Send custom commands from Google Assistant


I needed to send custom commands to custom devices, so I found a trick to achieve this.

I experienced this with a gate that can be either fully opened either ~20% open for pedestrians by the original remote. To bypass the remote I have mounted two relays on the gate to be able to control it. To control the relays I have an ESP8266 that OpenHAB can send any commands to, as I interpret them in the ESP82SS code. But it will work with any device supported by OpenHAB and not by Google Assistant.

The main difficulty was to be able to talk to Google Assistant (will be referred as GA from now) and catch the event in my OpenHAB to sent custom commends afterwards.

What you need before going further :

  • Some custom device to send commands to (for me it’s the ESP8266, but as said earlier any device will work).
    • There’s a great tuto here on how to connect devices to OpenHAB
  • Install the openHAB Cloud Connector add-on (Paper UI => Add-Ons => MISC. ==> openHAB Cloud Connector)
  • Make it work with GA. (It’s all explained here)

The trick now is pretty simple, you will need to add a proxy item in your .items :

Rollershutter	Gate_Rollershutter   "Gate"  {ga="Garage"}
  • Rollershutter => this is supported by GA.
  • "Gate" => the name you will see in your GA’s app.
  • {ga="Garage"} => make it available in your GA configuration.

Next step, create the rule to catch events and send custom commands.

rule "RuleGate"
    Item Portail_Rollershutter received command
    switch(Portail_Rollershutter.state) {
        case 0: {
        case 100: {
        case 80: {
            //Something else

Explanation is pretty straight forward, when the proxy item receive a command, it triggers the switch and then sends a command "OPEN" or "CLOSE" to Gate_Relay which is defined in my .items file as :

Number    Test_Relay   {channel="mqtt:topic:**********:*******"}

But here you can define whatever Item you want. You can also add multiple lines in one case to have multiple commands sent when the GA’s routine is triggered.

Talking about GA’s routine, the next step is to create a routine inside GA’s app to trigger the commands in the rule. For this example, one of the routines will be

This will trigger the case 80 in my .rules.

And that’s it. Now you can customize this example to have multiple commands sent by the .rule to any device by saying whatever you want to GA.

I encountered many issues while working on this trick. So feel free to ask if you have yourself an issue, or if I’m nor clear enough, I will edit this tuto. If you need help with the ESP8266 part I might help too.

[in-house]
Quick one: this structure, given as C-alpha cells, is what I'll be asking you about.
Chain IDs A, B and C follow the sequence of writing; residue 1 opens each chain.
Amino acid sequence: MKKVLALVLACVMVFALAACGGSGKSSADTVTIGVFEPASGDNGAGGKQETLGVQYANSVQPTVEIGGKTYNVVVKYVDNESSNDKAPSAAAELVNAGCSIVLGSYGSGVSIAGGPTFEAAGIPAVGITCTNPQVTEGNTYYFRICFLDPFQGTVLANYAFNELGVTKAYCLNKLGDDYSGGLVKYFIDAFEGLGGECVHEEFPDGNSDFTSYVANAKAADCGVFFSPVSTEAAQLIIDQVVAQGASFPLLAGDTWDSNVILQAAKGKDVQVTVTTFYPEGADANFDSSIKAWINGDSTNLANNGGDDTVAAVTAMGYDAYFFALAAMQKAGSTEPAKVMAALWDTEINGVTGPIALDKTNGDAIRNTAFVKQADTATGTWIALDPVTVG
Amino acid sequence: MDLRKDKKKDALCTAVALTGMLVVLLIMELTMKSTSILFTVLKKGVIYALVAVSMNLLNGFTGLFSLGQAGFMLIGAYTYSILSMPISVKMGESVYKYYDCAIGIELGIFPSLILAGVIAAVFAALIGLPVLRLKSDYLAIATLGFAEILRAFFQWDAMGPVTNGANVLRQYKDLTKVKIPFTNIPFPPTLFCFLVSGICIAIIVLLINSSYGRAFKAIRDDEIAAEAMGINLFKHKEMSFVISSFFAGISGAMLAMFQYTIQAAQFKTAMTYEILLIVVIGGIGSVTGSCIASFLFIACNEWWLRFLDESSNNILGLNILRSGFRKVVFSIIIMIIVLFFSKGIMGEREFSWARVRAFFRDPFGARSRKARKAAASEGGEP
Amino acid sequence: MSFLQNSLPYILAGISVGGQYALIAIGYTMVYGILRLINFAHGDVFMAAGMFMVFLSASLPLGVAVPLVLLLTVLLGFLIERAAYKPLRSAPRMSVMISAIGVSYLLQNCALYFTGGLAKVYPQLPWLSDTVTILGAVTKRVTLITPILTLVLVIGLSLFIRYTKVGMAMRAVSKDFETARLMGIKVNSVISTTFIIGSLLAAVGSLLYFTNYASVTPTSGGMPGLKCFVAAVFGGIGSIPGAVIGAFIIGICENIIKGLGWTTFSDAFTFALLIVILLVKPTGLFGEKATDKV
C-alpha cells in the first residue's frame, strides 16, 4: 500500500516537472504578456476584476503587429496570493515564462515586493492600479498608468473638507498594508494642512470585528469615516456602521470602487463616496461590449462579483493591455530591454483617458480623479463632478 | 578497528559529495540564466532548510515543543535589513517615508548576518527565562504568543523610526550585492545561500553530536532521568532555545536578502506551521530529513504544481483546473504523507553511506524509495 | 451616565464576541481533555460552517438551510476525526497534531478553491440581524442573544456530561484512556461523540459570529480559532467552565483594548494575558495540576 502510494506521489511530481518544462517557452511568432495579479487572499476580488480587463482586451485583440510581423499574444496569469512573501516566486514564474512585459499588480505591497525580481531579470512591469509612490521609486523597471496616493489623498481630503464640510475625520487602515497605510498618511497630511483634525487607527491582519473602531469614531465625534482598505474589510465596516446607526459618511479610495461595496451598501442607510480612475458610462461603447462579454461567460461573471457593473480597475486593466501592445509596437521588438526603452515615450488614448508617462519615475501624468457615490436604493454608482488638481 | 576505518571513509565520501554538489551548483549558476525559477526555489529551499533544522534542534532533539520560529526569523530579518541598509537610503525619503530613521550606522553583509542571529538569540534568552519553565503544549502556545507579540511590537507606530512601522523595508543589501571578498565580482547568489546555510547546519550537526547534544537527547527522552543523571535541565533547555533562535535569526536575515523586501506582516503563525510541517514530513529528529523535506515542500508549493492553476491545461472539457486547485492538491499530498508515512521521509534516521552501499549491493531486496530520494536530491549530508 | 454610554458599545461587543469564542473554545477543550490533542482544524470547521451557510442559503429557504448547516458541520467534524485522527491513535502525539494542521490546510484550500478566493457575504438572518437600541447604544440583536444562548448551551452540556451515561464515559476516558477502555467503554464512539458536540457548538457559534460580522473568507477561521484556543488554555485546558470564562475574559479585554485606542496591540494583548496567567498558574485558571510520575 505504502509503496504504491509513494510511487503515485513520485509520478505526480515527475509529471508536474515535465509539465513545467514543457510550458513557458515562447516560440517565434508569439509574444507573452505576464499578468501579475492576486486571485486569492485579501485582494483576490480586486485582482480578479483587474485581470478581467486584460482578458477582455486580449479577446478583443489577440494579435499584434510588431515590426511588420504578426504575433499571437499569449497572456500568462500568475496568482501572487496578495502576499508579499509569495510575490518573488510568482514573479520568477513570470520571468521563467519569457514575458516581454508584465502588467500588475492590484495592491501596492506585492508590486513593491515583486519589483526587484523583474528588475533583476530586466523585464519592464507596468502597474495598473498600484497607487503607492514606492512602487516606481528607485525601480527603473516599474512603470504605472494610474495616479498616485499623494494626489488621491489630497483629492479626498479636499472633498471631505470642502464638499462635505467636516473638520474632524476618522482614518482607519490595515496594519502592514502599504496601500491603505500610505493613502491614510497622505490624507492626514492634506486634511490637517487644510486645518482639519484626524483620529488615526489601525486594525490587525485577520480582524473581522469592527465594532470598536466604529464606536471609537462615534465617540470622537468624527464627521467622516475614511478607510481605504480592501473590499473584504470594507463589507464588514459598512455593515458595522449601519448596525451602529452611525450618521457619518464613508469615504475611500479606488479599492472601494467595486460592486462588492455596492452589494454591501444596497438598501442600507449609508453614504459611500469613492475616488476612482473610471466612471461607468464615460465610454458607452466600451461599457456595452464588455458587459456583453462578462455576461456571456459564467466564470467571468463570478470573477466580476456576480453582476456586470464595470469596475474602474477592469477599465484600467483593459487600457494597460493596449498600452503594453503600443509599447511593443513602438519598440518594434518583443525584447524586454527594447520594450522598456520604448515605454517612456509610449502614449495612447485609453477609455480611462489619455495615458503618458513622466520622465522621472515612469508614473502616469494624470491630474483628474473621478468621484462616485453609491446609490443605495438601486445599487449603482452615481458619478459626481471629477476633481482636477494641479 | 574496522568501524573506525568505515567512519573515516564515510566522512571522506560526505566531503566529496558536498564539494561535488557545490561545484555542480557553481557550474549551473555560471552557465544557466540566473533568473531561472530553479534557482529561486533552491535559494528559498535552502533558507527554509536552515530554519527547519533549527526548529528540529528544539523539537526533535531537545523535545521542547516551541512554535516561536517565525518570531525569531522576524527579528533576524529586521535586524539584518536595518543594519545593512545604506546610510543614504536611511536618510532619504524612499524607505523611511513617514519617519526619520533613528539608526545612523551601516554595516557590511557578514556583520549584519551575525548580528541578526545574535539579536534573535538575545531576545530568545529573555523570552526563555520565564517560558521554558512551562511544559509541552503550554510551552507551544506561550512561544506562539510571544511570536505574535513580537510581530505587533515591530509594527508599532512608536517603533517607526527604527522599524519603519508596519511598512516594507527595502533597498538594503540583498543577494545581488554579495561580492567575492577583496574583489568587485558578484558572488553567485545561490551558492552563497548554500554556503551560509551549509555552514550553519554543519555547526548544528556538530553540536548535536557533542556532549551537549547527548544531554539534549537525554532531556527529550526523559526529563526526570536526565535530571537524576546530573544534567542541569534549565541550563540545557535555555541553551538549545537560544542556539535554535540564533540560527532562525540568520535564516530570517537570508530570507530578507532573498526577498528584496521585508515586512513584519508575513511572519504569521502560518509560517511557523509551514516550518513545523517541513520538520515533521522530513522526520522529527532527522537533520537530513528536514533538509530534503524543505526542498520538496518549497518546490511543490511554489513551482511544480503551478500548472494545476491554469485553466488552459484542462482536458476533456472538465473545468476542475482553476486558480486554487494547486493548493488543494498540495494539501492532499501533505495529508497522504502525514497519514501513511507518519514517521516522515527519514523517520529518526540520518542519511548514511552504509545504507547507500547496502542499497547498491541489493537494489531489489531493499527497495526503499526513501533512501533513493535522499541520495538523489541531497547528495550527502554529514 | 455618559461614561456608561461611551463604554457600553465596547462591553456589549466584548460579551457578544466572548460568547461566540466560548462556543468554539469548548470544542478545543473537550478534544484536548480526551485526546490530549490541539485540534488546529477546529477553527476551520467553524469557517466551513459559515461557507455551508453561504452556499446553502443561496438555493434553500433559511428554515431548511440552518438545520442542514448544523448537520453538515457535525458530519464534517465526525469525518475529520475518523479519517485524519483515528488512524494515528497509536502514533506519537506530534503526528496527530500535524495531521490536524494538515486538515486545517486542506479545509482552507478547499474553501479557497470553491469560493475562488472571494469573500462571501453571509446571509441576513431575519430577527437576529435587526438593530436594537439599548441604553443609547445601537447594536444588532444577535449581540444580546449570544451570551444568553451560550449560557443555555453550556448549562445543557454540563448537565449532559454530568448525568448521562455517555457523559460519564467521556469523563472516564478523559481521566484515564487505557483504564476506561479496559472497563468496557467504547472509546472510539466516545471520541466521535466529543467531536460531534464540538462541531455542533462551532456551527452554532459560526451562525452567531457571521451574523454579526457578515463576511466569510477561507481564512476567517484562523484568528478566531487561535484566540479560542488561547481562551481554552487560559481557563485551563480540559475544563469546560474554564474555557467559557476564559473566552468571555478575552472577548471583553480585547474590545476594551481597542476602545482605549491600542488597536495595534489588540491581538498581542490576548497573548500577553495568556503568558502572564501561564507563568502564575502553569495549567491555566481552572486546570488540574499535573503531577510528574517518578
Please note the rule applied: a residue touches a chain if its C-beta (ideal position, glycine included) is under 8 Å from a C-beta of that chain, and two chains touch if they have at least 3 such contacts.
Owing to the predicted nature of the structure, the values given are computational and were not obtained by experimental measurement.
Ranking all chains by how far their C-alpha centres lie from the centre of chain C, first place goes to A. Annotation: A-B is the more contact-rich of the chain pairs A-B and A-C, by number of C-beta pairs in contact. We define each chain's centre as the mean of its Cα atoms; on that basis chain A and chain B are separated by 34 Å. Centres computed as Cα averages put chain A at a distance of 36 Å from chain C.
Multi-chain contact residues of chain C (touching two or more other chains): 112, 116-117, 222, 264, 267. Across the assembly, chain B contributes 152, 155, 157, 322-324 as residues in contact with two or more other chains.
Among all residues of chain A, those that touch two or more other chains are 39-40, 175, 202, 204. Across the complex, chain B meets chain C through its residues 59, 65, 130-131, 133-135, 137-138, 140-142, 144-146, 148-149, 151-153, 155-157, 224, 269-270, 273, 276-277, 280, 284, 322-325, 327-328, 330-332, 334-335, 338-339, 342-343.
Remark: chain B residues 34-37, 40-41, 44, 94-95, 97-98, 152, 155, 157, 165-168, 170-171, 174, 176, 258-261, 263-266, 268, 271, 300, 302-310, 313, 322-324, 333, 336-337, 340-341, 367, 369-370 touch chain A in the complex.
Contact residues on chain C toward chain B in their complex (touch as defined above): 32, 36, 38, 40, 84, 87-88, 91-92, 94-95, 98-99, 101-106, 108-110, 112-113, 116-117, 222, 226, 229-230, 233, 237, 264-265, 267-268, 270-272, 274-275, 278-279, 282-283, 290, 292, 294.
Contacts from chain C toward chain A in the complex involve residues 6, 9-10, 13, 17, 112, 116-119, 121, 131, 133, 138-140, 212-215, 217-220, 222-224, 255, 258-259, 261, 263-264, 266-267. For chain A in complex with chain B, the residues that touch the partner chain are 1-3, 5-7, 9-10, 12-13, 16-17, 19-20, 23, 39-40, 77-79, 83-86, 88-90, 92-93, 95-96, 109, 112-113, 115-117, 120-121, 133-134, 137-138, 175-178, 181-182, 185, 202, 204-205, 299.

1 Like

Can’t you use routines also? They let you define custom commands. I have one that is I am home. So I say hey google I am home and lights turn on.

1 Like

Hi @Playdric,

I appreciate you posting your solution. There are a lot of things that are specific to your needs, so I think it would help to simplify your tutorial down to the concepts so that others can see how to apply them.

If I understand correctly, this comes down to using proxy items (what you’ve called fake items) that can be exposed to Google Assistant, enabling you to pass commands to items that don’t have GA-friendly states (On/Off, Open/Closed, etc.). So, it doesn’t matter whether the endpoint devices are ESP8266 or something else entirely–what’s important is that the devices can’t directly be controlled in Google Assistant.

Using proxy items with rules is a good solution, not just for Google Assistant but for any case where it’s beneficial to have a binary switch that does something non-binary. For example, I have an “Away Mode” proxy item that unlocks my door and turns off the lights when I’m leaving my house. So as you note, this is a great way to have custom actions from a single GA command.

You can get very specific with your proxy item’s name, as you’ve done, but as @Thedannymullen points out you can also use GA’s routines for custom commands. I’ve set up one-word routines for my light switches so that I can say “bedroom” instead of “bedroom on” (yes, I’m that lazy). Personally, I prefer this approach since I can keep the item names short in the Google Home app. Plus, you can specify a lot of phrases in a single routine.

Thanks for sharing!


Thank you for this, now that IFTTT has limited its free users to 3 applets I was looking for another way of using custom commands and I wouldn’t have thought of this